Great property managers apologize As it is with people, so is it with businesses.Think of all the people that you most respect. You will find that these are the people who never hesitate to say, “I am sorry” or “I was wrong.” Now think of all the people you do not respect as much. These will usually be the people who are used to making excuses. And even when they apologize, they make it seem that it was somehow not their fault. People, even customers and tenants respect property managers who have the ability to apologize unconditionally. It is not an easy thing for any of us to accept that we have made a mistake, to concede that we were wrong, that because of our fault, someone was inconvenienced. It takes courage and great personal honesty. So when tenants see that someone is making the effort to apologize they feel that the person has a high sense of honor and honesty. That he or she will always put integrity over comfort, truth above profit. It shows that the manager is ready to go out of his or her comfort zone and do what is right with the tenant. It is often said that businesses and managers need to hide their mistakes and shortcomings. However, nothing could be further than the truth. Admitting one’s mistakes is actually the best thing a manager can do – it builds up an environment of trust and transparency. Over a period of time, this can build...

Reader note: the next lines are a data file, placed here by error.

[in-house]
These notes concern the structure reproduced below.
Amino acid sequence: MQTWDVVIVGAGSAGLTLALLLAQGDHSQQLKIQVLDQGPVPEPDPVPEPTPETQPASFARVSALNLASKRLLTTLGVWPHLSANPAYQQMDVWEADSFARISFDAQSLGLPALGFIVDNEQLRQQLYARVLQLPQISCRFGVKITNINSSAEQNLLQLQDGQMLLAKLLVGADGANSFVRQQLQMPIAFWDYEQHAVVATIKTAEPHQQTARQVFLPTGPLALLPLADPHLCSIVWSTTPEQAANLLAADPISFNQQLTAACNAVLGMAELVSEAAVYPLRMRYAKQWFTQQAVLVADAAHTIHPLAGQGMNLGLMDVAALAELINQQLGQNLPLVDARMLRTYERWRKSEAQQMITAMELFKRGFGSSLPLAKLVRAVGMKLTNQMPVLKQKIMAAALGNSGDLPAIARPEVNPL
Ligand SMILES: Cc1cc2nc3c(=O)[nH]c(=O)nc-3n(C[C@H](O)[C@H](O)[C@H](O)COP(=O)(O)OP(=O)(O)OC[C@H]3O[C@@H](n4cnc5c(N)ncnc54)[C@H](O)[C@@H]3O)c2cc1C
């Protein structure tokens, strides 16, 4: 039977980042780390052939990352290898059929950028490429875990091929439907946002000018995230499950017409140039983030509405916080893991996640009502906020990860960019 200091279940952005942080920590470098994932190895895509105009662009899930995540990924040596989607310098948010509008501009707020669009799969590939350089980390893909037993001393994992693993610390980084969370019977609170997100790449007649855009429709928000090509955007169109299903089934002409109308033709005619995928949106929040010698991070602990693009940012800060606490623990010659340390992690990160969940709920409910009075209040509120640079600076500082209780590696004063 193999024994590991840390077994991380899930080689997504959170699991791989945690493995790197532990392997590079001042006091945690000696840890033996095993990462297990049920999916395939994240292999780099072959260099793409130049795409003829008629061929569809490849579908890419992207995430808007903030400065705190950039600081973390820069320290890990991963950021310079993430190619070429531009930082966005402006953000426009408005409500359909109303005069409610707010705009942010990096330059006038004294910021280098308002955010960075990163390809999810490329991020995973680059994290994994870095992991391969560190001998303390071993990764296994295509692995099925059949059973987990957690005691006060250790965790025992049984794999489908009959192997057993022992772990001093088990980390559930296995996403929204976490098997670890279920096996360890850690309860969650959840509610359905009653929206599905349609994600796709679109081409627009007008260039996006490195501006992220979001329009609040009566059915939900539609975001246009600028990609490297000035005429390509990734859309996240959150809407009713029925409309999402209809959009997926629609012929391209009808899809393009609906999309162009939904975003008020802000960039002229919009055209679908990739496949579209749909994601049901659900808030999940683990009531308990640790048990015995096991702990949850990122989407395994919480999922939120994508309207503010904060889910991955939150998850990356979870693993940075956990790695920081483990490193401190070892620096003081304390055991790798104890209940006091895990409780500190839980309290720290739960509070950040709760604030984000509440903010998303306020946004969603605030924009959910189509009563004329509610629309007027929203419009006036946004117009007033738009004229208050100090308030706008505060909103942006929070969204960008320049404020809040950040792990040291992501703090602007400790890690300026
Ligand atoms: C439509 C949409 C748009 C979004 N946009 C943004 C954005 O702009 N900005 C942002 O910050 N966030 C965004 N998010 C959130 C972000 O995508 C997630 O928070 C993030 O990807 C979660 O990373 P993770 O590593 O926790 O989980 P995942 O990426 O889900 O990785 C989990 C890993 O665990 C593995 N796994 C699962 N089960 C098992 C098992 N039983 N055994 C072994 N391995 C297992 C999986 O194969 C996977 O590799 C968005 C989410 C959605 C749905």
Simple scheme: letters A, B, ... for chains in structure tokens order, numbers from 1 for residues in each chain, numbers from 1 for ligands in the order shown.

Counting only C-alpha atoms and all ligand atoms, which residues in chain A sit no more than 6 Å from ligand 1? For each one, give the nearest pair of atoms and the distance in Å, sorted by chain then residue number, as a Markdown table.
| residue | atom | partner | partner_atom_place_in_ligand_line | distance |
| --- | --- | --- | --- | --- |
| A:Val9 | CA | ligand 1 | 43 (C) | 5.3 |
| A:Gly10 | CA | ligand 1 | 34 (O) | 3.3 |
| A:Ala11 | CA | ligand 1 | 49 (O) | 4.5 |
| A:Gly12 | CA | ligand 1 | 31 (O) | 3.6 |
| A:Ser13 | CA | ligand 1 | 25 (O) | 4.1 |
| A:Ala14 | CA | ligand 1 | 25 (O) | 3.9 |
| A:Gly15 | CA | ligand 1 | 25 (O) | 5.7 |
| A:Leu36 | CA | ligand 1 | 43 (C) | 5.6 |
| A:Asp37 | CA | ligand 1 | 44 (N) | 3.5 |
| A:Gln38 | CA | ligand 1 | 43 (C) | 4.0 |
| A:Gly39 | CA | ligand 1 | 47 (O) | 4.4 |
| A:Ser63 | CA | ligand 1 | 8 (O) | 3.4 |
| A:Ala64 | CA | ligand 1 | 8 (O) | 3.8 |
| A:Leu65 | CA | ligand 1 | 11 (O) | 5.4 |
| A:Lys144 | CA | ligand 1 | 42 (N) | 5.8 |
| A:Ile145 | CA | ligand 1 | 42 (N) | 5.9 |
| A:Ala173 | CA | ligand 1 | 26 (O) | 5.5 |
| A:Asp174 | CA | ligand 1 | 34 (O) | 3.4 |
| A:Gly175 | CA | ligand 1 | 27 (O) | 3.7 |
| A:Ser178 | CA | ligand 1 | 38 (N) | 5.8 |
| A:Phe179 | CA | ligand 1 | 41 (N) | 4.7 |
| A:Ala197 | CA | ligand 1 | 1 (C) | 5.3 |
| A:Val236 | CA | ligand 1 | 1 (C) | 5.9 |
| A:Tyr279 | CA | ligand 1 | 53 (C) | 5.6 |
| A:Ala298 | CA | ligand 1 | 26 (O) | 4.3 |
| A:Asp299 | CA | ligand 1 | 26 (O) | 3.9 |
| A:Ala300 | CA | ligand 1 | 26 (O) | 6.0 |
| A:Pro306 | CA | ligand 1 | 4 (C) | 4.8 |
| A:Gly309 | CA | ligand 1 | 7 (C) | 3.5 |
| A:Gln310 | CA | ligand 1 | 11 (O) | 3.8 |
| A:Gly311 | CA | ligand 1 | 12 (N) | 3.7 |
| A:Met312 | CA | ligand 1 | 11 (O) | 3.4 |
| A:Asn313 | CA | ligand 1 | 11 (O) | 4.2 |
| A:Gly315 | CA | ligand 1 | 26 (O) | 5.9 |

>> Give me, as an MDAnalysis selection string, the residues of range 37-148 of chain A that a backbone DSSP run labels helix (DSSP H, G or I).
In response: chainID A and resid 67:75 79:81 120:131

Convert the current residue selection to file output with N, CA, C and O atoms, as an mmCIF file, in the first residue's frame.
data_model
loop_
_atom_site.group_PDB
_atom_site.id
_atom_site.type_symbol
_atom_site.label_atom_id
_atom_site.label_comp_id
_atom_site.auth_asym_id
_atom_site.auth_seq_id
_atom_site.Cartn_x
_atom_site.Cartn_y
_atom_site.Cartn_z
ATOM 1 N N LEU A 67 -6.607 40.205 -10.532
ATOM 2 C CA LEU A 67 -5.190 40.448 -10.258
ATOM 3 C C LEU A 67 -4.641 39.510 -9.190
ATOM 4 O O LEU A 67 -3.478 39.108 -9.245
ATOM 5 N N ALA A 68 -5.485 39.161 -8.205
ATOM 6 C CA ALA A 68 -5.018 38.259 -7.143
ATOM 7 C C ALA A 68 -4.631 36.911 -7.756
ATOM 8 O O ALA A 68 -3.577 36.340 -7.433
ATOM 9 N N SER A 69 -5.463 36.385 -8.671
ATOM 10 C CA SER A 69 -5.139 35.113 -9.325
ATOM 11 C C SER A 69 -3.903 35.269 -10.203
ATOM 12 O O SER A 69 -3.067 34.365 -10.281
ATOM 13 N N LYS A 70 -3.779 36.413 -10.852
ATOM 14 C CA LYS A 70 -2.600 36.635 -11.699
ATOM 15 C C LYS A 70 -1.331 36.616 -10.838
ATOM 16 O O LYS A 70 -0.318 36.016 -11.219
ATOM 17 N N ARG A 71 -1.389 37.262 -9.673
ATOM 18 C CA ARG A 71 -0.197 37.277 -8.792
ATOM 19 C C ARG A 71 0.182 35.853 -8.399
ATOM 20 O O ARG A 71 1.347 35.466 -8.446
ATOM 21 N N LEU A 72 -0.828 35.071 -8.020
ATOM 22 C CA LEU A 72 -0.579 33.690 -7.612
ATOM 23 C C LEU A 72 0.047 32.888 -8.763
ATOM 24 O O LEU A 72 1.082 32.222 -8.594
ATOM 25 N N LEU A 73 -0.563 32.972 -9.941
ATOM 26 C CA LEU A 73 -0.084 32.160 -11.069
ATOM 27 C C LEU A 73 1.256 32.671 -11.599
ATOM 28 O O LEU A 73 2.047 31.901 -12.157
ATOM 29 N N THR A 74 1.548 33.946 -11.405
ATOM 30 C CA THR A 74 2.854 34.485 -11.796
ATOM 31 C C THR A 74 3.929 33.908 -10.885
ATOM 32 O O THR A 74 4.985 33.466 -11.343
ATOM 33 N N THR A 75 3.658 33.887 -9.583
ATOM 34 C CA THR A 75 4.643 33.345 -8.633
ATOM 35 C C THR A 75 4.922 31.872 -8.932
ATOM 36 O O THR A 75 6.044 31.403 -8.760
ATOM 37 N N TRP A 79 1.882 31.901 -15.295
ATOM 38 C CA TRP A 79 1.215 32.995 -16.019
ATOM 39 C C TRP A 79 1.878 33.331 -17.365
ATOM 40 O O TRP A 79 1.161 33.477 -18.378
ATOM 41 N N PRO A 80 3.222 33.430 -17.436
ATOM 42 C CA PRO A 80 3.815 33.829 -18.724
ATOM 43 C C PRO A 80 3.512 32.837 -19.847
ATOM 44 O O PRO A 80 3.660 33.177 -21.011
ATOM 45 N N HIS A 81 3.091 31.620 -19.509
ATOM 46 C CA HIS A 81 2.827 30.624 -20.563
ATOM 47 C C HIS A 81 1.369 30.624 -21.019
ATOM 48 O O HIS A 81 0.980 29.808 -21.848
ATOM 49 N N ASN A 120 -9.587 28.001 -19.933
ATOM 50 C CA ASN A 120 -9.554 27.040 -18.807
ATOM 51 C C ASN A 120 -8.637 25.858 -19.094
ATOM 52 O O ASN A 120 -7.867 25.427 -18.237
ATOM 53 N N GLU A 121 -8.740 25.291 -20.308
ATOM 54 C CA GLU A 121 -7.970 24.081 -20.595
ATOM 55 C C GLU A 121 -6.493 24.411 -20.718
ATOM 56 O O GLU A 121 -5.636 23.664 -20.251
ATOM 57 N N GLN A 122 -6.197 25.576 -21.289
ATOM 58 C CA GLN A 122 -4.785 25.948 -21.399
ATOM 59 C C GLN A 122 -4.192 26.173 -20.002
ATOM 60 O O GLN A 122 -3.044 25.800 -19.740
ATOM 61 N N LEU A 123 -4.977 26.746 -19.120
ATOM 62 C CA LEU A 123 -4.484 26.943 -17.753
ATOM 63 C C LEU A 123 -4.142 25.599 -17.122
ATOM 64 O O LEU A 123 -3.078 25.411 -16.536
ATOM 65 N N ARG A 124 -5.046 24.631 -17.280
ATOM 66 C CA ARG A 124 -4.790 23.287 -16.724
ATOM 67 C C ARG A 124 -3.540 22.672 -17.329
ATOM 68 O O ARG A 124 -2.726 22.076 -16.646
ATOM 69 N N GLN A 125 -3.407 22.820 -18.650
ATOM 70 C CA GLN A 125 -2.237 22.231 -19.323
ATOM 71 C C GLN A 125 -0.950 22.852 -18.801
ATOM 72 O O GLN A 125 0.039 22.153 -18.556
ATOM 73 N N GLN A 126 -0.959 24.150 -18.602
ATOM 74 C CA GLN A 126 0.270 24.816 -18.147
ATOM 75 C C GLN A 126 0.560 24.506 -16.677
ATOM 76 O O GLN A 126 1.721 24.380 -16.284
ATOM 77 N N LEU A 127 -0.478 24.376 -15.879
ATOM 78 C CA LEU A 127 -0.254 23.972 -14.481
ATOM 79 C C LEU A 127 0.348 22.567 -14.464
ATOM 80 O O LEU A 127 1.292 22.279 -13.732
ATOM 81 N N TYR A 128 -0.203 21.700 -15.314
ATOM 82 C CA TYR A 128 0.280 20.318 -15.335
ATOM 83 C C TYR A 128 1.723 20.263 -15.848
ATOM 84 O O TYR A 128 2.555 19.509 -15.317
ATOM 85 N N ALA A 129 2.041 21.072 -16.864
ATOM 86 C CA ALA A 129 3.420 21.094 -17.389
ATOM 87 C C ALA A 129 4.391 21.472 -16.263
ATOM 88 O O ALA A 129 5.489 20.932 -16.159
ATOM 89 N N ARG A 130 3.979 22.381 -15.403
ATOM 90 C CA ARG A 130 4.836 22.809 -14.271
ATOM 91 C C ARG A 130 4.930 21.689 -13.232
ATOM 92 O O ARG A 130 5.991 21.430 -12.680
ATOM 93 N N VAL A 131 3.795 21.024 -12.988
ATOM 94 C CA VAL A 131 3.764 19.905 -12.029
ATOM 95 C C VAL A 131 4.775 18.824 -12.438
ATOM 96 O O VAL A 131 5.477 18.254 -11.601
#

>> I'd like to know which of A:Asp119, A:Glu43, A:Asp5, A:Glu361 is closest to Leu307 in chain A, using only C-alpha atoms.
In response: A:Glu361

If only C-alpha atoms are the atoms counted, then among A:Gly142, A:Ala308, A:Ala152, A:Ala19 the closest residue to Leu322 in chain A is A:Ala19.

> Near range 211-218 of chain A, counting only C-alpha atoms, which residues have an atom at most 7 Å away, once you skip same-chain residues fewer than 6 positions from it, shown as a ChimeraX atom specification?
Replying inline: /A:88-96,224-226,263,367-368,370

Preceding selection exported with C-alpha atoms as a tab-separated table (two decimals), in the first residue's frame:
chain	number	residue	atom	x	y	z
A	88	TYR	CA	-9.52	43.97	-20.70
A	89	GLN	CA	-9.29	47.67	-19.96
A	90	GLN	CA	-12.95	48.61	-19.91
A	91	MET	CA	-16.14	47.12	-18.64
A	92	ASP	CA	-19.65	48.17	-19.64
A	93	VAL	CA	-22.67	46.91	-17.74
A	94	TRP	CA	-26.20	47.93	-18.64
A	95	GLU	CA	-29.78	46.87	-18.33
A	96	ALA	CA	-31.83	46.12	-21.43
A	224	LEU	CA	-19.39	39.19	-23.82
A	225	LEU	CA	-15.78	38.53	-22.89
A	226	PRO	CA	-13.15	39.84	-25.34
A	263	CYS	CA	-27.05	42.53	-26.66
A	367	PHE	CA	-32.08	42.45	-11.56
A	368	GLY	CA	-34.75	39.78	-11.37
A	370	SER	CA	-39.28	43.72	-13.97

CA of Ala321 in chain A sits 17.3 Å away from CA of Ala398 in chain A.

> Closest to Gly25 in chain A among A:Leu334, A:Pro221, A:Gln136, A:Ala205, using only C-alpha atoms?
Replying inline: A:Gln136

Posted by on in Multifamily Training and Career Development
I once sat it on an interview for a front line sales position where the person I was conducting the interview with asked the candidate, “Tell me about a time you provided great customer service.” The candidate regaled us with a great story of how she moved heaven and earth to make a bad situation right for a dissatisfied customer. She sounded enthusiastic, her story sounded genuine and it helped her get the job.    After watching this employee work for a few weeks, I wondered where the person was who told us this great story of going the extra mile for her customers! It’s not that she was bad, per se, it’s just that I rarely saw that kind of extra effort she told us about in her interview. In other words the real-life experience didn’t match the interview rhetoric.    And that is the challenge isn’t it?    Candidates are trying to make the best possible impression on an interview aren’t they? And they’re prepped for questions like, “Tell me about a time you gave great service.” or “Tell me about a time where you overcame an objection.” So when someone answers the question, how do you know if that answer is truly indicative of what they will bring to your organization? After all, no one is going to say, “I think customer service is overrated!”    I believe that the purpose of an interview is to find out if someone is truly a good fit for the organization....